According to halakhah (Jewish law—literally, the path that one walks), Jewish children automatically become obligated to perform all adult mitzvot (commandments) when boys turn 13 and girls, 12. Becoming bar or bat mitzvah means coming of age as a son (bar) or daughter (bat) of the commandments.
Many families choose to celebrate this milestone with a special ceremony marking the first time their child is called to recite a special blessing over the Torah (aliyah). This is an opportunity for the bar or bat mitzvah to make a public commitment to adult responsibilities as a Jew, to demonstrate Jewish learning and to join with the community in acceptance and celebration of his or her new status.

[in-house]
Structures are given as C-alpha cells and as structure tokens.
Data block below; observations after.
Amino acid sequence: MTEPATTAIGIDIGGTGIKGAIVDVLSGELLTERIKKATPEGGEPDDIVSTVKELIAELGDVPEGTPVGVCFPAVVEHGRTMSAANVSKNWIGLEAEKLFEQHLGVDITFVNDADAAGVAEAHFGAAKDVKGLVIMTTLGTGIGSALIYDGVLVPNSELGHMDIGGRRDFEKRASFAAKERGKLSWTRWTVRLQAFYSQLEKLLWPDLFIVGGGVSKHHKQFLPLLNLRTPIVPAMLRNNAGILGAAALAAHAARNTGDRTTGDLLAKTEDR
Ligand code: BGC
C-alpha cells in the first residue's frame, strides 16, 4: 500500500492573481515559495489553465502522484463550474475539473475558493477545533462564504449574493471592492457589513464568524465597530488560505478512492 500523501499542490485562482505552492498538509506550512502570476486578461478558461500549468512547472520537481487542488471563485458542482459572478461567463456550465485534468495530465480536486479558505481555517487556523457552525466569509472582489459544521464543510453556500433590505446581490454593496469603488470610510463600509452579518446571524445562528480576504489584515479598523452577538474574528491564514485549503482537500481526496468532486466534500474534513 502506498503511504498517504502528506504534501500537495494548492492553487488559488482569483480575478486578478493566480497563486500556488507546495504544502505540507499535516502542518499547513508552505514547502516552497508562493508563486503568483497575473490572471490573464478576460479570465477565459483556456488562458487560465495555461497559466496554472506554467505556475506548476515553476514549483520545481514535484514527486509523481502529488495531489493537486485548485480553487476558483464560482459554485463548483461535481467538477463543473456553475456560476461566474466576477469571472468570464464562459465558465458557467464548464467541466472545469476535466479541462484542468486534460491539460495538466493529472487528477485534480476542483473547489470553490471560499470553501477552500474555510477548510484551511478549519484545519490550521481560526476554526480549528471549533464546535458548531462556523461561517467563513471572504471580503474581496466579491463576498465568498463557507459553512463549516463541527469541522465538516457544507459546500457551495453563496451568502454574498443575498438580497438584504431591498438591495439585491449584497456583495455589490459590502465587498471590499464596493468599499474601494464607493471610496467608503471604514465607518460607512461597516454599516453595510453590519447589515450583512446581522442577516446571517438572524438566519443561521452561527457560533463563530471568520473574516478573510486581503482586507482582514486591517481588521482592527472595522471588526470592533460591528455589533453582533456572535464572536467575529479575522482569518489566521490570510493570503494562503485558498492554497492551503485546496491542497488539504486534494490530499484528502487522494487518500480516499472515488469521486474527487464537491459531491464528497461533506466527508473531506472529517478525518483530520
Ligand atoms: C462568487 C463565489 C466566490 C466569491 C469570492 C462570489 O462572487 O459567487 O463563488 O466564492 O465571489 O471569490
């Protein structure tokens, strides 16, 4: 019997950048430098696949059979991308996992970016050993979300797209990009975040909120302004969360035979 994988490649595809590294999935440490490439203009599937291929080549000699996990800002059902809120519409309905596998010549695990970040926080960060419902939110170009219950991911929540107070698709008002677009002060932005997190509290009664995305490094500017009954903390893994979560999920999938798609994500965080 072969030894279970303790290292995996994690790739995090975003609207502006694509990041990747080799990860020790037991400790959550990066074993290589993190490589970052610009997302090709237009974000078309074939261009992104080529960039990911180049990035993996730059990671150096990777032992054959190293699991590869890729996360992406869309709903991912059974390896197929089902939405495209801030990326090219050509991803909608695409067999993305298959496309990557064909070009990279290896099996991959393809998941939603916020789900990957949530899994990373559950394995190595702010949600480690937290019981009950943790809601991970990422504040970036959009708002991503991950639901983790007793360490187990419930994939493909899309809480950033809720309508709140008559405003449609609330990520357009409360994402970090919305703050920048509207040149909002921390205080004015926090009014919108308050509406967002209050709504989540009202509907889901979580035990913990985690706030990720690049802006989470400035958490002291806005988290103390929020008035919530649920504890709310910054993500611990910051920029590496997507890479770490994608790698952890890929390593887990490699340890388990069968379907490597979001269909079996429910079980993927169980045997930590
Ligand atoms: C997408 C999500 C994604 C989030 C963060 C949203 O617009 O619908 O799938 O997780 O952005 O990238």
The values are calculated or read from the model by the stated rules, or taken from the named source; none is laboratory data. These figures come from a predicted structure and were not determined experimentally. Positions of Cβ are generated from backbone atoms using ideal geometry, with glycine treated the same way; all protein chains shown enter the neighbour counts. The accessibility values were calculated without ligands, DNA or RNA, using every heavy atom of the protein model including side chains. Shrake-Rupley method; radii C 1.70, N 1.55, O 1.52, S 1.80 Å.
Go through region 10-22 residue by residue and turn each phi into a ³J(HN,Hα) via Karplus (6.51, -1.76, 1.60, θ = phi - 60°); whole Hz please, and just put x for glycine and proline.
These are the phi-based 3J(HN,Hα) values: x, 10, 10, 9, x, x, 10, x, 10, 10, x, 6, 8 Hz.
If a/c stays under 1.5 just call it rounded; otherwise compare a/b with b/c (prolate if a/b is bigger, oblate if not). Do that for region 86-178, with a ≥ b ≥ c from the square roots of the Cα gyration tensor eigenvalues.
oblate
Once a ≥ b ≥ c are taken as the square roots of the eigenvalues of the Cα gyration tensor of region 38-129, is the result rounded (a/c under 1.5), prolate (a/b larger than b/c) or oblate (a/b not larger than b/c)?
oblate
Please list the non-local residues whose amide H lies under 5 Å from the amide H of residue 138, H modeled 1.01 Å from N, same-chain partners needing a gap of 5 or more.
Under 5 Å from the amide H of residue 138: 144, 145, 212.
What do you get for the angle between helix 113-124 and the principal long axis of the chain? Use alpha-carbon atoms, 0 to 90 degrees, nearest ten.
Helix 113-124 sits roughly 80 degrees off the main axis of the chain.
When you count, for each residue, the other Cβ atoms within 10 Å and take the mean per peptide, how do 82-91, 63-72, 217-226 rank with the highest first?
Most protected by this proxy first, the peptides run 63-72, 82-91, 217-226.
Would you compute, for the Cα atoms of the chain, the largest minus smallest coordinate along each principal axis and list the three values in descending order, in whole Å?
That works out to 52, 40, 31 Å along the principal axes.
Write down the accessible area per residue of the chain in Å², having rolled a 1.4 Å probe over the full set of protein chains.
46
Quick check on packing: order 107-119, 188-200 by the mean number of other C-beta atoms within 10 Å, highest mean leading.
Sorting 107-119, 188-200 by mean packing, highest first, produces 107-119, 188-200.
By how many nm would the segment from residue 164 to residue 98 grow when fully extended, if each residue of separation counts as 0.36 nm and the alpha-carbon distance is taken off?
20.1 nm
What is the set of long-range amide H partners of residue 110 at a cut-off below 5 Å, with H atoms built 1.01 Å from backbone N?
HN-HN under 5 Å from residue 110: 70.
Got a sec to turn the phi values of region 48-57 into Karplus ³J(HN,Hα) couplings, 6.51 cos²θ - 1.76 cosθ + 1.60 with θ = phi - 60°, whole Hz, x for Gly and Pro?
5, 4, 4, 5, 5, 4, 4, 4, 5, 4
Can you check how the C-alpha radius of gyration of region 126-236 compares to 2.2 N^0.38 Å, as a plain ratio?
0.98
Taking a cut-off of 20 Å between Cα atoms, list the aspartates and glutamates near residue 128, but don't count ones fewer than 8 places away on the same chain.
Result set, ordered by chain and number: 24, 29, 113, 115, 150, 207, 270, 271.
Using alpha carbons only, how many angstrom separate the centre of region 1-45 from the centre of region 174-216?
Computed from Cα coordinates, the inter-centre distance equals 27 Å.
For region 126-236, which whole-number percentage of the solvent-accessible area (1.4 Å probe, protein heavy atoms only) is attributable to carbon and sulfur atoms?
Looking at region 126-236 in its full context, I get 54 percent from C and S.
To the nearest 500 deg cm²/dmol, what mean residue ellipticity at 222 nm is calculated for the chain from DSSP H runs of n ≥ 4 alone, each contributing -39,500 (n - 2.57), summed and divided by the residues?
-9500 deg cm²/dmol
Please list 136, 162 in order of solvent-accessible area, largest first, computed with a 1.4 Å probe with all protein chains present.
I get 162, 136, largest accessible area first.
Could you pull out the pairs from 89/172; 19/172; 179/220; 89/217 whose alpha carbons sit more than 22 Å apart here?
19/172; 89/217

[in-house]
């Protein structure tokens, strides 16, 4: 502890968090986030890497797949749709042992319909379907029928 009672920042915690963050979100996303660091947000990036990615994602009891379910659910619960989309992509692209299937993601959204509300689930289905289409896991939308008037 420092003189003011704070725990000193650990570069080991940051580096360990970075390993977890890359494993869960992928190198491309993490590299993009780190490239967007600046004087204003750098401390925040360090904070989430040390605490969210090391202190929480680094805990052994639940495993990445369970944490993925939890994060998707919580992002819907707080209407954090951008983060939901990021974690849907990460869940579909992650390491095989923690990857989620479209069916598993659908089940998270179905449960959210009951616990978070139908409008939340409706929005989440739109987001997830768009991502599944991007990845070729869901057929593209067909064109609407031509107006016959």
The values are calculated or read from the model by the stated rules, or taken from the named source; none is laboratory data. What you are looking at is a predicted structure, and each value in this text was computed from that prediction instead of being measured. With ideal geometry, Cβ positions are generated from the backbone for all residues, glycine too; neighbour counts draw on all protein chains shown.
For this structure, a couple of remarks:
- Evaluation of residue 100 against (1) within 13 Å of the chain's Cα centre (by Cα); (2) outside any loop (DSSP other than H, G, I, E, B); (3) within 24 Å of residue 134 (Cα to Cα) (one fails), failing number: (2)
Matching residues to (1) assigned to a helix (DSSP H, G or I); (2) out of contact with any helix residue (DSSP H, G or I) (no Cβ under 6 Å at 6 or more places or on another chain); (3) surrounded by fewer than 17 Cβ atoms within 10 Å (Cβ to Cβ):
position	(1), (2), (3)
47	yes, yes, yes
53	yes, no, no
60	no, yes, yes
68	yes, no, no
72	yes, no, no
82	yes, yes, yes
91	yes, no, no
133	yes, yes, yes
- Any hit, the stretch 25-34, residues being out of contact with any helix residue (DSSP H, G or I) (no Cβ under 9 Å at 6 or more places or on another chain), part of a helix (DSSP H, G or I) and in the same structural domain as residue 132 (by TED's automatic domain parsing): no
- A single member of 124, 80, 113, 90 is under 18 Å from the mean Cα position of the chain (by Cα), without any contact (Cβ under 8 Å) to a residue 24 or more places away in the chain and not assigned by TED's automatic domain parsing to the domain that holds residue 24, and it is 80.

Jewish adults who have never formally marked their transition to bar or bat mitzvah may also choose to study and be called to the Torah in a public ceremony.
The level of participation in the service depends on the individual—with guidance from the Rabbi and a tutor. Blessing the Torah is the cornerstone of the ceremony; the bar or bat mitzvah may also lead part of the service, chant Torah and Haftorah, and deliver a d’var Torah (commentary on the Torah portion of the week).
Most b’nai mitzvah ceremonies at Beth Israel take place on Shabbat morning, but it’s possible to mark Jewish coming-of-age any time the Torah is read, including Monday and Thursday mornings, Rosh Hodesh (the beginning of each month on the Jewish calendar) and most holidays.
For details about preparation and planning for a bar or bat mitzvah at Beth Israel, please contact email@example.com.